JUF News Express
Friday, April 11, 2014Forward this message  Forward this message

In this Issue:

• Upcoming Israfest will benefit Israel Children's Zone

• Young adults help 'Feed Chicago'

• 19th Annual Bernardin Lecture discusses the legacy of Vatican II

• Illinois Reps participate in National Hunger Seder

• Congress moves to block Iran diplomat

• Rep. Brad Schneider introduces Hezbollah sanctions bill

• Diller Teen Fellows and Write On for Israel deadlines approaching

• From JUFNews.org and around the web


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Upcoming Israfest will benefit Israel Children's Zone

Celebrate Israel here – and help make a difference there.

Israfest, a month-long celebration of Israel’s culture, music and 66th anniversary beginning May 6, will benefit the Israel Children’s Zone, a JUF initiative working to transform the educational system in our partner region of Kiryat Gat-Lachish-Shafir.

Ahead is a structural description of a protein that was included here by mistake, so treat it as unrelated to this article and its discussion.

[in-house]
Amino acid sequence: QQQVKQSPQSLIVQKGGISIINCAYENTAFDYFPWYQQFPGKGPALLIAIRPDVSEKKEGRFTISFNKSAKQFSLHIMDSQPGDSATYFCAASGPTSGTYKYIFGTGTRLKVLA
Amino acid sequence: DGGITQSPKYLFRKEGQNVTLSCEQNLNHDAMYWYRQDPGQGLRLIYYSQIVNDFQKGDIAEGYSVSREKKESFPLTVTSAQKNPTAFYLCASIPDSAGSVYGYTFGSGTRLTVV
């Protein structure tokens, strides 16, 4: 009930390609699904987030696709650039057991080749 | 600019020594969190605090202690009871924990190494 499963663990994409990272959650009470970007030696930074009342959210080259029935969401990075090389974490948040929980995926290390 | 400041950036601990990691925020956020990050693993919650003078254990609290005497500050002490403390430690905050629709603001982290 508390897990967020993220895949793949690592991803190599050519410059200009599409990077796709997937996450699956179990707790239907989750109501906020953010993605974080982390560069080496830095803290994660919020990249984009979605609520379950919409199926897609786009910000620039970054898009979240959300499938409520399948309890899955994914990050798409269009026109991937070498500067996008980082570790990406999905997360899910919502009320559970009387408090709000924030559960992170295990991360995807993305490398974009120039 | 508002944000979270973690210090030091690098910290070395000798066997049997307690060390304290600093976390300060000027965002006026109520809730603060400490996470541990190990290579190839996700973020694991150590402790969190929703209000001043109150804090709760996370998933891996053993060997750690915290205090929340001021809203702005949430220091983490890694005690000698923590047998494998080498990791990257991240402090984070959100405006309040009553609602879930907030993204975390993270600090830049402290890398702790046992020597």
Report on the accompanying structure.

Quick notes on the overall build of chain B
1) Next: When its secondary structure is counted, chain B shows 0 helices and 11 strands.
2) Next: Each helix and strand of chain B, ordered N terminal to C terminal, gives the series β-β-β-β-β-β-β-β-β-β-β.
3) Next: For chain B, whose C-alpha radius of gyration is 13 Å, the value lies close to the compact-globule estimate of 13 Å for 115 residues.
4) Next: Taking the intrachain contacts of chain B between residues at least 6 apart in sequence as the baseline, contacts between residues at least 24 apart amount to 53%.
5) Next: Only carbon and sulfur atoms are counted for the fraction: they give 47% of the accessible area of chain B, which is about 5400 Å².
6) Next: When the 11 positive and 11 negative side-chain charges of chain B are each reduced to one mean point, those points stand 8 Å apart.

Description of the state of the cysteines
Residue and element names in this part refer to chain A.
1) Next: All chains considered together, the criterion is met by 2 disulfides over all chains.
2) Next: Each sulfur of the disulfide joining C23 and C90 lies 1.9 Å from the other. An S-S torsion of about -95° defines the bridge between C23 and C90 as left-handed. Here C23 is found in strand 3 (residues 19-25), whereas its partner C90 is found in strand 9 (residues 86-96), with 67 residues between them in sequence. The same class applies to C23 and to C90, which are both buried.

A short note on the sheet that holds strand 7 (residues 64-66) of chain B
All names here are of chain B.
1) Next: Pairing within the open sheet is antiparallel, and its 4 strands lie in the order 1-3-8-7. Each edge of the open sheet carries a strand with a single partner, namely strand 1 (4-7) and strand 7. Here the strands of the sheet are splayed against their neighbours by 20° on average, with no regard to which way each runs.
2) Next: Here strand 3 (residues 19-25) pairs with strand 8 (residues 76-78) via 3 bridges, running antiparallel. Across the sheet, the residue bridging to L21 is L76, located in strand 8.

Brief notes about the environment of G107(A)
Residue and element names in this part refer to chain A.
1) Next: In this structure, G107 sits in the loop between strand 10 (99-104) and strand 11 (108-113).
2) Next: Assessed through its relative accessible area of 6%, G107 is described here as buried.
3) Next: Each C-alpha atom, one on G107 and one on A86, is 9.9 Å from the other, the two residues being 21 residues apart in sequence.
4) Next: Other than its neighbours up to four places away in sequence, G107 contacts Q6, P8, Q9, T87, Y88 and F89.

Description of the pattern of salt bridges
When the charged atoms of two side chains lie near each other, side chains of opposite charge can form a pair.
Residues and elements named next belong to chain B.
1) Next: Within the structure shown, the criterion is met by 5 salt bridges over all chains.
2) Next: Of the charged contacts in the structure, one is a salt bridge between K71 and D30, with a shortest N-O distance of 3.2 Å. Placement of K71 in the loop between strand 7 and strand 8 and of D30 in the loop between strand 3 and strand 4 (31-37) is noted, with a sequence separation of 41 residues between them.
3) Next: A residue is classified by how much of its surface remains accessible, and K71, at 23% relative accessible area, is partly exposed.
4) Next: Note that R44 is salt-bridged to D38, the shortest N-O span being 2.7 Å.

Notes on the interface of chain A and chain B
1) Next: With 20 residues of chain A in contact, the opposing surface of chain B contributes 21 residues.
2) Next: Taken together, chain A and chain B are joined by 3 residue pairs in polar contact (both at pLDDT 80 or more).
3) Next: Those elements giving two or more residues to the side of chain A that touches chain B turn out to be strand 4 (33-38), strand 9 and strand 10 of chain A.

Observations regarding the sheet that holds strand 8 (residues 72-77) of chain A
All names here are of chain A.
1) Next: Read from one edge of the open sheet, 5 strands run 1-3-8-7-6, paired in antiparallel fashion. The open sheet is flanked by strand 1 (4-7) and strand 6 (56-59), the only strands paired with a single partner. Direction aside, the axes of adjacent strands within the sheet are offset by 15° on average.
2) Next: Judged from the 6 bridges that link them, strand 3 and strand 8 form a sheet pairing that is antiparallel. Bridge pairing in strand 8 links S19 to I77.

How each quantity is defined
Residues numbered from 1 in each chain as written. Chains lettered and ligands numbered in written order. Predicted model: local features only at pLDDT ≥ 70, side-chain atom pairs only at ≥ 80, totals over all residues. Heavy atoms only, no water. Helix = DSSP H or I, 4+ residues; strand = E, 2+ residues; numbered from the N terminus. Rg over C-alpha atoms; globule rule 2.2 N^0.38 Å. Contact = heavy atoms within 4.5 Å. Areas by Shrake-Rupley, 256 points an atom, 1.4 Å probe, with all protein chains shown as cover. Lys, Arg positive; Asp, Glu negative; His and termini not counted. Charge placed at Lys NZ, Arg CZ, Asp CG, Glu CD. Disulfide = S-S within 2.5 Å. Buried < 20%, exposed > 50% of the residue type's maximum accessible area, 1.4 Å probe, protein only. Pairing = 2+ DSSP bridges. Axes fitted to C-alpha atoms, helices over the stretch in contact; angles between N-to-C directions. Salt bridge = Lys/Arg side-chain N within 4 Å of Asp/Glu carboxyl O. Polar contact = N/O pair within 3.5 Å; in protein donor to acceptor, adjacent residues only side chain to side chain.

In partnership with a variety of Israeli agencies and organizations, JUF is coordi­nating and enhancing programs for 8,500 at-risk students from first to sixth grade. The initiative will work to provide longer school days, hot lunches, study centers and more, as well as give each child sufficient individual attention and help toward achieving his or her goals.

“Israel Children’s Zone is about changing the connection between teachers and principals, their students, and most important, the family -- the home, the parents,” said Dan Harkabi, Israeli Chair of JUF’s Partnership Together committee. “This is a major shift, to look at kids, and each kid, as a whole world. It’s not just changing one school; it’s changing the whole area.”

Help JUF make an impact on these children, their families and their community. Support Israel Children’s Zone today or call (312) 444-2905. Those who raise $100 or more will receive a $100 JUF Israel Experience Voucher or JUF Mission Voucher. (Limit one voucher per person per year.)